For this reason cargo volumes peaked in 2000 for the overwhelming majority of US airports. Webber says of the top 25, 20 are down since 2000, the majority in double digits. Domestic freighter operators such as BAX, Airborne and Kitty Hawk simply disappeared.
LAX also saw a 11% decline in tonnage from 2000 to 2014, but international was up 16% over that period while domestic was down 23%. So in the medium term prospects for the airport seem promising.
What the airport needs to do to prepare for growth on the cargo side is something that is currently under discussion. It is perhaps not surprising given the strong growth in the passenger business that capital expenditure by LAWA has focused on that recently: the new Tom Bradley International passenger terminal is an example.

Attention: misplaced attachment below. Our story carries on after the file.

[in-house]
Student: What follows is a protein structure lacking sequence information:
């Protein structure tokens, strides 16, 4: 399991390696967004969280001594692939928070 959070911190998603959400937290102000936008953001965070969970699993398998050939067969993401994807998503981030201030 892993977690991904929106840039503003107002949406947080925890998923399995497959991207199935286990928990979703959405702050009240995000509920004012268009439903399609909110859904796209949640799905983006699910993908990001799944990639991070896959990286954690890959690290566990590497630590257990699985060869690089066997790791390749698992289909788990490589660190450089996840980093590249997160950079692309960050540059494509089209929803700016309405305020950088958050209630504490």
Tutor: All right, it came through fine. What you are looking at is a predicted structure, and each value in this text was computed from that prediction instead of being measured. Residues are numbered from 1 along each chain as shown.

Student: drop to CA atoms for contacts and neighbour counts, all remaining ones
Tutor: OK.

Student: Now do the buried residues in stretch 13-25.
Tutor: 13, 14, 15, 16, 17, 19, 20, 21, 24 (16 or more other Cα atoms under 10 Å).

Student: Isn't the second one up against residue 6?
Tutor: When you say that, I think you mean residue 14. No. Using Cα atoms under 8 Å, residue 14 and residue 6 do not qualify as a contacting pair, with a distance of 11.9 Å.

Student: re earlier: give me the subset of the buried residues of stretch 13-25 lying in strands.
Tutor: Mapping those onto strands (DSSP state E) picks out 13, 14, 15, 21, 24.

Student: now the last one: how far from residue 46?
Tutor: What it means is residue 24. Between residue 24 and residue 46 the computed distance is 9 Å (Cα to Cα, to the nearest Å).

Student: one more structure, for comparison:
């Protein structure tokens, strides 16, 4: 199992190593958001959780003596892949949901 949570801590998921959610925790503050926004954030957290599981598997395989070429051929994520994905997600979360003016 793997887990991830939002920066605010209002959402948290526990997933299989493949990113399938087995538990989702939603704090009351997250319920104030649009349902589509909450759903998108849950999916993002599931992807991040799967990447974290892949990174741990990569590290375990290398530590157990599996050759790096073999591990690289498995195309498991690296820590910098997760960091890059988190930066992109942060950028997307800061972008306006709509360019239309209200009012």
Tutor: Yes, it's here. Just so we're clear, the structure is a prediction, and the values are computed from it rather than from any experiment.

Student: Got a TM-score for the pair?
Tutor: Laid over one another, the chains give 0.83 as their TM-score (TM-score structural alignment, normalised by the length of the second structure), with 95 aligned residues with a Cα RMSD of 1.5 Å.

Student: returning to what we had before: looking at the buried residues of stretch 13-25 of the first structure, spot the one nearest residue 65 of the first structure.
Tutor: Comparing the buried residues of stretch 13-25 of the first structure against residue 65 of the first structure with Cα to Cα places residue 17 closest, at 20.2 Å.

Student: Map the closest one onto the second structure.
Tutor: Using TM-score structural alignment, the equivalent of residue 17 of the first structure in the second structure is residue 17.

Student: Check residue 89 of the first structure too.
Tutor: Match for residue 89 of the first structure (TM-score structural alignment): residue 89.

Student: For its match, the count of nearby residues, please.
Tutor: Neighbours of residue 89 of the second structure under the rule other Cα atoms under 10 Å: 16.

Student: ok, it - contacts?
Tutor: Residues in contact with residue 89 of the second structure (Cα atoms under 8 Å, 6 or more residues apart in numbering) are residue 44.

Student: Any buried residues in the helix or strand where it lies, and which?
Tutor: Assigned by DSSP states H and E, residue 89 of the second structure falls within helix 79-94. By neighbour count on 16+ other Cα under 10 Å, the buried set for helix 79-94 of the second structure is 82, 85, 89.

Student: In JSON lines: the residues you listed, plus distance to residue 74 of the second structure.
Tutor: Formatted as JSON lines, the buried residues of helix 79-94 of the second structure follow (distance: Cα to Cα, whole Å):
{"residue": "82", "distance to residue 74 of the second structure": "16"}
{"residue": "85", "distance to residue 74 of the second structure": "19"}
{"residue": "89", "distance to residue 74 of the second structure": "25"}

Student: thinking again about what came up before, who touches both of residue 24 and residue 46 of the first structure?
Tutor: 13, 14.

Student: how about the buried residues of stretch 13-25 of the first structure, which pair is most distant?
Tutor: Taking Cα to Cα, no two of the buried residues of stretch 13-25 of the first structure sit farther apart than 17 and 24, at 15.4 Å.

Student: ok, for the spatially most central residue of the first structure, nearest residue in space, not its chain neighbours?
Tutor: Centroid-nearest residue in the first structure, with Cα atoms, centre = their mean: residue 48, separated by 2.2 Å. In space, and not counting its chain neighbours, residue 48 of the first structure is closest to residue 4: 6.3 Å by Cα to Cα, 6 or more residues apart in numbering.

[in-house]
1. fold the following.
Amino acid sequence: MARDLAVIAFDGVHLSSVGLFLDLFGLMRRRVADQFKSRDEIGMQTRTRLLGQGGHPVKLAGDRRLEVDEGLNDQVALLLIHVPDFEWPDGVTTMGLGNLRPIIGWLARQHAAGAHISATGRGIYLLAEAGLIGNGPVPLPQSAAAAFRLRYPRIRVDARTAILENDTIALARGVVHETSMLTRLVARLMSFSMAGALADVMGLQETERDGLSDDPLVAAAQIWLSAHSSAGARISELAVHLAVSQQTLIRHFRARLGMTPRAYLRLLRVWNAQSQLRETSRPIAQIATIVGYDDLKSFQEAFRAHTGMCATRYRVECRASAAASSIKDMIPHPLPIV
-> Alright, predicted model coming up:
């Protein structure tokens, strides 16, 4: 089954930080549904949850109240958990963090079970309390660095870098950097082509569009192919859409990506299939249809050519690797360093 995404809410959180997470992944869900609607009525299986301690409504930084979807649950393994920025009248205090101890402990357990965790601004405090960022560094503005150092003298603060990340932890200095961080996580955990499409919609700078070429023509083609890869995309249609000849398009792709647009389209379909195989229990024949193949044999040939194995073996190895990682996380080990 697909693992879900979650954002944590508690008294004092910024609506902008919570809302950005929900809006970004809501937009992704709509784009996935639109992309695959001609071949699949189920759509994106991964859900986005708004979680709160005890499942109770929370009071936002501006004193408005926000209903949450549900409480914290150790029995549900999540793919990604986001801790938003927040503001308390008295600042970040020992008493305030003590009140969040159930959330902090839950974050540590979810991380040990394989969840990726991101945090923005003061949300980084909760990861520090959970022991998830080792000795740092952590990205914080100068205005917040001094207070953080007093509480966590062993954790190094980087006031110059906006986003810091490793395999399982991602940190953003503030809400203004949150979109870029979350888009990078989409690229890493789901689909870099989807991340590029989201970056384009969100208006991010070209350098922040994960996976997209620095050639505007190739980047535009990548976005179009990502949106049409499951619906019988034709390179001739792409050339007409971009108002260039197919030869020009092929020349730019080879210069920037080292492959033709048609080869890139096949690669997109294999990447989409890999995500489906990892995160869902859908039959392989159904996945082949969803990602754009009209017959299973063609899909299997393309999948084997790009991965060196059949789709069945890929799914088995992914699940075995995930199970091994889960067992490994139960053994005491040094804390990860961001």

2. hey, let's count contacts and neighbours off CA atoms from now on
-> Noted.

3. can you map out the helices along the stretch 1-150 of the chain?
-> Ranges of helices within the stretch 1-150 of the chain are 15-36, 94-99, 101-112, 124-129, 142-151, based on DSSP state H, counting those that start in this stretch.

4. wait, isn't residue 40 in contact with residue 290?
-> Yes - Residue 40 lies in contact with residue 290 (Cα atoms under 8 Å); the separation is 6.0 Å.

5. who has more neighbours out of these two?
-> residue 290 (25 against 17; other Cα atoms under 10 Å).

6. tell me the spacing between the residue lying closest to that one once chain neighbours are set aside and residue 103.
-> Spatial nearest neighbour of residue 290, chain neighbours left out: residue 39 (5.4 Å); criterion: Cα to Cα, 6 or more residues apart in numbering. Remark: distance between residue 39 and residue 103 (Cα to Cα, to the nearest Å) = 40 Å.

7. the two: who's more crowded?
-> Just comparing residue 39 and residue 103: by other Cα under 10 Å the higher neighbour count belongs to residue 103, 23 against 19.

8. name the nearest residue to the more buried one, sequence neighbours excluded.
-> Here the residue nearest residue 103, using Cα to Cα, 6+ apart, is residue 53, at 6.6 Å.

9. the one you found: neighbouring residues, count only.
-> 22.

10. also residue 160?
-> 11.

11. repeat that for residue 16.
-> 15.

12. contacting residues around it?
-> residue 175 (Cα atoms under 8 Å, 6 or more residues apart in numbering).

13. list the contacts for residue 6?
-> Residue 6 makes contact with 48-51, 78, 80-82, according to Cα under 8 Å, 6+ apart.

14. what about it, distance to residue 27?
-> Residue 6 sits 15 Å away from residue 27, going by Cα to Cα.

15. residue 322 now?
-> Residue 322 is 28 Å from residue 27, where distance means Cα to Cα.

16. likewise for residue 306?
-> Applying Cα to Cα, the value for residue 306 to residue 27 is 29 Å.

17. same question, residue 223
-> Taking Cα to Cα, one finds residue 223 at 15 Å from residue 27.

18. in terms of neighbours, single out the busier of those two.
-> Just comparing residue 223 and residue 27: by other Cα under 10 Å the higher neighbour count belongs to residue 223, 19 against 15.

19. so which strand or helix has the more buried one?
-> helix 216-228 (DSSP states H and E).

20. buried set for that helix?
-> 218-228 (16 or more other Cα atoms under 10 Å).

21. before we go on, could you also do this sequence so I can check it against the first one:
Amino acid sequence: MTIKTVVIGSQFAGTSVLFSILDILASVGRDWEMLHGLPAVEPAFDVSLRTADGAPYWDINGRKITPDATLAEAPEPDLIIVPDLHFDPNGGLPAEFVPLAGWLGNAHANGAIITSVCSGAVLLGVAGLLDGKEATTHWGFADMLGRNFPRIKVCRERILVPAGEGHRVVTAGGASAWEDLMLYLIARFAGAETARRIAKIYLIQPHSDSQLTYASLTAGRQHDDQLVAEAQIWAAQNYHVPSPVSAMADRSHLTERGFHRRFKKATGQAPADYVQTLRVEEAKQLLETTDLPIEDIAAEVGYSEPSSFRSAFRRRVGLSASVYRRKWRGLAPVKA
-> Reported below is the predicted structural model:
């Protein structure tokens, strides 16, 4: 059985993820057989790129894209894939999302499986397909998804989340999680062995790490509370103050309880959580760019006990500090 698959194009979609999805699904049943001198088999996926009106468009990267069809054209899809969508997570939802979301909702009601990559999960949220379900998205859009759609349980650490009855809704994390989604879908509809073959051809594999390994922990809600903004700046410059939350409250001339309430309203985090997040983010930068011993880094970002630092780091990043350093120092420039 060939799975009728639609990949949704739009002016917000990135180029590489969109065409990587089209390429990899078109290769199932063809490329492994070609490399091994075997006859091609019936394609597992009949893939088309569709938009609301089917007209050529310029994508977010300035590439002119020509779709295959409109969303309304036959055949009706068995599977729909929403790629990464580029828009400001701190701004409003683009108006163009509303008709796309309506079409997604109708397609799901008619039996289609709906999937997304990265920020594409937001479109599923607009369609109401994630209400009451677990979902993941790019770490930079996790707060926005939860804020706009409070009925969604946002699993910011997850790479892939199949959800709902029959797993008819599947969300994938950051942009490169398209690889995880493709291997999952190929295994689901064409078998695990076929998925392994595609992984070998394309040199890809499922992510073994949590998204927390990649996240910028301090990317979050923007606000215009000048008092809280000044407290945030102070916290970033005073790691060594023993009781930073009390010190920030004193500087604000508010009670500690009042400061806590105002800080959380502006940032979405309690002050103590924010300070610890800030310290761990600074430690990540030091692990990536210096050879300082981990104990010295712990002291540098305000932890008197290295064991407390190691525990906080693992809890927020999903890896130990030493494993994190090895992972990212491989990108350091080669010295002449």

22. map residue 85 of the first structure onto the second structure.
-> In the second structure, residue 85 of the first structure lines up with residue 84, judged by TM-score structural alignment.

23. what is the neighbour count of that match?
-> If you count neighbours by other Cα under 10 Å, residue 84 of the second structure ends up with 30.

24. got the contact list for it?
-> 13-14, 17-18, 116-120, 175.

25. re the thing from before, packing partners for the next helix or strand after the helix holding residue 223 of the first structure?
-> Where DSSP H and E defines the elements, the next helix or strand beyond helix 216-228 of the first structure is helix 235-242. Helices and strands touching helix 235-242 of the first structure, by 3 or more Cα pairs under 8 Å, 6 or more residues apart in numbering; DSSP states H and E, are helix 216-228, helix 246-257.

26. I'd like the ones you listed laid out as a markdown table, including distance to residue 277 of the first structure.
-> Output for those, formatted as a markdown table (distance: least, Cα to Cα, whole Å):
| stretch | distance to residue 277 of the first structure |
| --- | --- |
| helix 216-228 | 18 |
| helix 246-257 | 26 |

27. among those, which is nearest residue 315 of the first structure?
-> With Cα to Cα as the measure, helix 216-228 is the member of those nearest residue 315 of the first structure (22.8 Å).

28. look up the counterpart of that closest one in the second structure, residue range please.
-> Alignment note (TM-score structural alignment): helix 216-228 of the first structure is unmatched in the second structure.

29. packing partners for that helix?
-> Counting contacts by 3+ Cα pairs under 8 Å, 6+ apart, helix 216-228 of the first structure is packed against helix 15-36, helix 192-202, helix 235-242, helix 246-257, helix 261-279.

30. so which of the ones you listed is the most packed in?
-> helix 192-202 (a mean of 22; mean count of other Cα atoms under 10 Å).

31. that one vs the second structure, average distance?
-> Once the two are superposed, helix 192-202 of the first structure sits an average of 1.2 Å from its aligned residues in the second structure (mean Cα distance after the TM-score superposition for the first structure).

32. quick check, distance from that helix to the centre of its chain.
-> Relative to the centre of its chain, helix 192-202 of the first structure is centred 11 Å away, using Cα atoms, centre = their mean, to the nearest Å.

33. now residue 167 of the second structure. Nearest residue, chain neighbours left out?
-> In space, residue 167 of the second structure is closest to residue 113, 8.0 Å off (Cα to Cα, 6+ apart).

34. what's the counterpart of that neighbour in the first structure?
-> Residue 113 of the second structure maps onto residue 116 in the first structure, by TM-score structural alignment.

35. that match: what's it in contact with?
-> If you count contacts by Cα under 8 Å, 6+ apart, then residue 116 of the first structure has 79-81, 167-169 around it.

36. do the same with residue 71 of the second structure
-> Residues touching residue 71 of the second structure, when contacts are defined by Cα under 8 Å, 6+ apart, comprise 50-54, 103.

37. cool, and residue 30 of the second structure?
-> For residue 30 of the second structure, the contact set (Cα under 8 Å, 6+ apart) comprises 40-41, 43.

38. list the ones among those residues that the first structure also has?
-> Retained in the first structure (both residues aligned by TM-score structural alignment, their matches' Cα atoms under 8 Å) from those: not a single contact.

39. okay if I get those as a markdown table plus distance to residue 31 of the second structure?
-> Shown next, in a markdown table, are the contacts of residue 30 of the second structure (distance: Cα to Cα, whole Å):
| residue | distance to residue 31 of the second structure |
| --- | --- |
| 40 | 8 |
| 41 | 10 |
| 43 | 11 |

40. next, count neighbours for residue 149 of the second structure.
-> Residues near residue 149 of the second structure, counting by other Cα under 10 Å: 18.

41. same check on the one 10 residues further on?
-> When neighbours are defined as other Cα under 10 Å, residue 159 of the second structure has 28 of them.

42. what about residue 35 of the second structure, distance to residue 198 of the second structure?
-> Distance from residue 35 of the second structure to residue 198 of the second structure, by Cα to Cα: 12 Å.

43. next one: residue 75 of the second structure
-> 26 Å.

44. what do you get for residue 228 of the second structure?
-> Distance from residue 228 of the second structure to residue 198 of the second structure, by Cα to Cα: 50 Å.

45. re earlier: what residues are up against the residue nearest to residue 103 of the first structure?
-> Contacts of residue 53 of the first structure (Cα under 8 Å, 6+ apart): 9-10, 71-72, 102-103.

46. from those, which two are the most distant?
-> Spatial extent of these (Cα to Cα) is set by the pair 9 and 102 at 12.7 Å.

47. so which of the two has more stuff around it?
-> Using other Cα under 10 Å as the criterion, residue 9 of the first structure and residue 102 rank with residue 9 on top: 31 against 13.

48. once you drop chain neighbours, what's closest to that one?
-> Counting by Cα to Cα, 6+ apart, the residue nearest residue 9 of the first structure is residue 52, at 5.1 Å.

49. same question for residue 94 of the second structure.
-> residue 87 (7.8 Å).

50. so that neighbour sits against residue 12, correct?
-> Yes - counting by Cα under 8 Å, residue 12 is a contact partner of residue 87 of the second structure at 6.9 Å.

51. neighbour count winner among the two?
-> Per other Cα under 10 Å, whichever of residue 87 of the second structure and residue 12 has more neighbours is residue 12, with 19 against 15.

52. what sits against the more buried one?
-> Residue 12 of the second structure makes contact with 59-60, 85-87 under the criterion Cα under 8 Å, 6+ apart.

But with the appointment of Deborah Ale Flint as executive director of LAWA in July – a woman who was previously director of aviation at Oakland, with its FedEx hub – Webber is optimistic that attention may now turn to cargo facilities.
“There are big changes, with domestic down and international up, and with belly cargo increasing versus freighters, and this does require some changes to facilities,” he says. “For example, belly cargo wants the handling terminal to be as near as possible to the passenger terminal.
”LAX, like JFK, also suffers from being a long-established hub, with old facilities in a now constrained airport space. “This means that there is not a lot of surplus capacity and everything to do impacts on something else,” Webber says. 
But with the new director there are promising signs. “We have had meetings in recent months where we have invited the cargo community to give their views about what they need. So they are listening.”